Soaring ceilings. Dramatic windows flooded with light. Views across Manhattan to the rivers. Today’s ultra-luxurious penthouses, like those you’ve seen on Million Dollar Listing New York, have a wonderful Master of the Universe feeling to them:
But in fact, they’re quite challenging to furnish correctly. The angular walls, metal casement windows, and double height ceilings can feel cold, generic, and even a bit too industrial. These spaces are begging for the right finishing touches to make them soar and feel like home.
To decorate these spaces correctly, you first have to take a step back and study them. What does a space like this really say? How do you want to feel when you’re living here? Imagine yourself standing there underneath 20-foot ceilings. At the corners you have huge structural columns going up. Surrounding you are metal windows with rhythmic angular lines. You look down and see rows and rows of old buildings crammed together. You look up and see to the limitless horizon.
In a word, it wants you to feel “This Is What I Have Wrought.” That you have brought this world at the top of the city into being with your own strength. None of it existed before. None of it was given to you. But as you stare out into the distance, the world still beckons with even further opportunities. There are no limits.
Now what would happen if you filled this space with pastel colors? Or gilded furniture and damask curtains? The riot of colors and patterns would quickly take away the views and the strong envelope of the space. On the other hand, if the space only had the predictable modern furniture, it would feel unimaginative and probably uncomfortable.
This is the basic dilemma of such a space: How do you capture spirit of the space, while lending it the richness of your life?
I found a really great example of this with architect-turned-developer Cary Tamarkin’s newest building on West 29th Street. The marble walls, hardwood floors, and soaring space really came to life with the right furnishings:
This space came together well because it followed these important guidelines:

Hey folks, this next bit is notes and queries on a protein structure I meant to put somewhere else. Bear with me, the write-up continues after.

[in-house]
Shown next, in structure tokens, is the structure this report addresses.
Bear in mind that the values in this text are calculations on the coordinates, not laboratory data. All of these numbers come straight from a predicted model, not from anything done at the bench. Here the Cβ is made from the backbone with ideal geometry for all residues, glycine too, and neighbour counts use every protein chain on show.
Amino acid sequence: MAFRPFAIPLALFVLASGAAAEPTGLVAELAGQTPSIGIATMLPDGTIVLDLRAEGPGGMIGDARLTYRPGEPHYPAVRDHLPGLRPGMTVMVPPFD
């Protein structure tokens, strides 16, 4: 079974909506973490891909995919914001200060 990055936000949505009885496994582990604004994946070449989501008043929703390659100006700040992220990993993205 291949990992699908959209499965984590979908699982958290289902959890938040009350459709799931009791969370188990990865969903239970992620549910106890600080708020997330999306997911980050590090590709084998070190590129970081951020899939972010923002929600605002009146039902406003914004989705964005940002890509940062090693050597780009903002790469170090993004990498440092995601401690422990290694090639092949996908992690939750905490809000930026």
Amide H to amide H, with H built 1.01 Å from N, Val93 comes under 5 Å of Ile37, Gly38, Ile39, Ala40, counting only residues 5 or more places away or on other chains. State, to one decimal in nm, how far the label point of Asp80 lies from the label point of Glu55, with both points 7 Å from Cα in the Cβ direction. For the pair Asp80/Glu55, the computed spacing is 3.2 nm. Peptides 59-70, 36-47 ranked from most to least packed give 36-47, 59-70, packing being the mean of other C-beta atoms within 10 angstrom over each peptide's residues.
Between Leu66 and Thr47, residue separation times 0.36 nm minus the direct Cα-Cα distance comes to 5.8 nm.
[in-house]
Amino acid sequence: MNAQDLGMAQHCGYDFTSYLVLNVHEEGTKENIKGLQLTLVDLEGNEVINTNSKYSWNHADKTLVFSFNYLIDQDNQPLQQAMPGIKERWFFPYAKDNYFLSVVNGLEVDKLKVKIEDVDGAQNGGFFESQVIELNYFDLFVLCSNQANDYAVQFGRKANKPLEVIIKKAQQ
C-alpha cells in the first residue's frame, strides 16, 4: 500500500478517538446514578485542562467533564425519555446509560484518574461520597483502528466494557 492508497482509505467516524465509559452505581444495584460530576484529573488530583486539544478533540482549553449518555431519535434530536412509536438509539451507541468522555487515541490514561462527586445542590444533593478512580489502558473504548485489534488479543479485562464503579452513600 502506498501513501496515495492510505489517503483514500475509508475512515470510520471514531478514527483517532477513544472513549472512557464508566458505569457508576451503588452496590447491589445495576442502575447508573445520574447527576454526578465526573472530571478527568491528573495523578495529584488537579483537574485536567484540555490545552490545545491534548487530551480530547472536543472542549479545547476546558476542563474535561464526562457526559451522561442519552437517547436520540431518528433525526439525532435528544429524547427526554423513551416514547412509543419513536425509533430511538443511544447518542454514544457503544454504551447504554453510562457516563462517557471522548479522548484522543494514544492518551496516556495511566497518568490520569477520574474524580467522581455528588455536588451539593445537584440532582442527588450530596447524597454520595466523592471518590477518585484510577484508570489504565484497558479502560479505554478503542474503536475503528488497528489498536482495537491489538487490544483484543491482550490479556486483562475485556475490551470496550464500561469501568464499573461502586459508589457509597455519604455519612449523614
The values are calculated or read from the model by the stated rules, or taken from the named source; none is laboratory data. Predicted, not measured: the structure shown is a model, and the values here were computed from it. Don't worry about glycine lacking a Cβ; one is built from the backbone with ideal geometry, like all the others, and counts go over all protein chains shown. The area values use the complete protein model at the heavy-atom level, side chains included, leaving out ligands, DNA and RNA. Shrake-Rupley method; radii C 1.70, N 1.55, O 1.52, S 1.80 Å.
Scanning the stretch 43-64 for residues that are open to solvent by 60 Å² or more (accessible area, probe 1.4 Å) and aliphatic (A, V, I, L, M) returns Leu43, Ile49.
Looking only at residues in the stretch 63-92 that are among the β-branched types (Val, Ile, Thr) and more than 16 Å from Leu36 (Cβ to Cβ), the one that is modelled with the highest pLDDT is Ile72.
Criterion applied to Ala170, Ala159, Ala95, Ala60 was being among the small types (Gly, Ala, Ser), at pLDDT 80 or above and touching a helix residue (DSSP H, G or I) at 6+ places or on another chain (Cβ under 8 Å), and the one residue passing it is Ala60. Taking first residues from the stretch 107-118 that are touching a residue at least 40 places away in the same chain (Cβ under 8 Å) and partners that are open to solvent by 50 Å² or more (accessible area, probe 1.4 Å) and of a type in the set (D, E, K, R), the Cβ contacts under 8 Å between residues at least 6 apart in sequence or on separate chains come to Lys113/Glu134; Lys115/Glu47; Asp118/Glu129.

– Stay within a narrow, neutral color palette. The City is a serious place, with glass and steel buildings and people in grey and black. You don’t see neon signs outside. Don’t put them inside.
– Reference all the major materials in the space: the marble surfaces, the concrete, the wood floors, and the white gallery walls. That way your design feels like it naturally belongs here.
– Keep it abstract. Your space is forward thinking. Just like you. And your art and furnishings.
– Do not compete with the views. Keep furnishings low and sleek.
– Choose objects that are large enough for the space. Remember, you are working with soaring ceilings, so you want to highlight that.
– Make the space comfortable, but edit yourself. Choose tailored furnishings.
– Layer in antiques. You did, after all, exist before this penthouse. You’ve traveled and collected, and those pieces belong here. They should just look like they belong in this space, not like there’s been an abrupt turn in your life.
If you’re decorating a space like this, here are a few pieces to get you started:
1. Large, minimalist low pile rug in a neutral color. The rug defines a comfortable seating area. It also helps to muffle noise, which could be an issue for such a large space. The minimalist design, low pile, and neutral color like taupe, grey, or even charcoal are perfect for a space like this:
2. A sofa like this one is sleek, neutral, and comfortable; the low profile maximizes your views.
3. Bring in the various textures of the space in the accessory pieces, like this coffee table with a stone top that complements, but not exactly matches, the marble on the wall:
4. Similarly, echo the warmth of the floors with wood and leather furniture. Get extra points for finding quirky, sculptural shapes.
5. Add a few, carefully chosen accessories to the space. Starting with the coffee table, bring in interesting books, layer in dark details (to pick up the soaring metal windows) and add height with sculptural forms.
6.Warm up your sofas with pillows and blankets in cashmere, wool, and faux fur, again in subtle neutral colors:
7. On the walls, add interesting mirrors and artwork with simple lines:
8. For lighting, pick pieces that have clean lines, but are not too contemporary. The space is already modern enough; a more transitional piece will make it feel timeless.
9. Add greenery or modern florals. They’ll soften the space.
10. Don’t forget a bit of whimsy.
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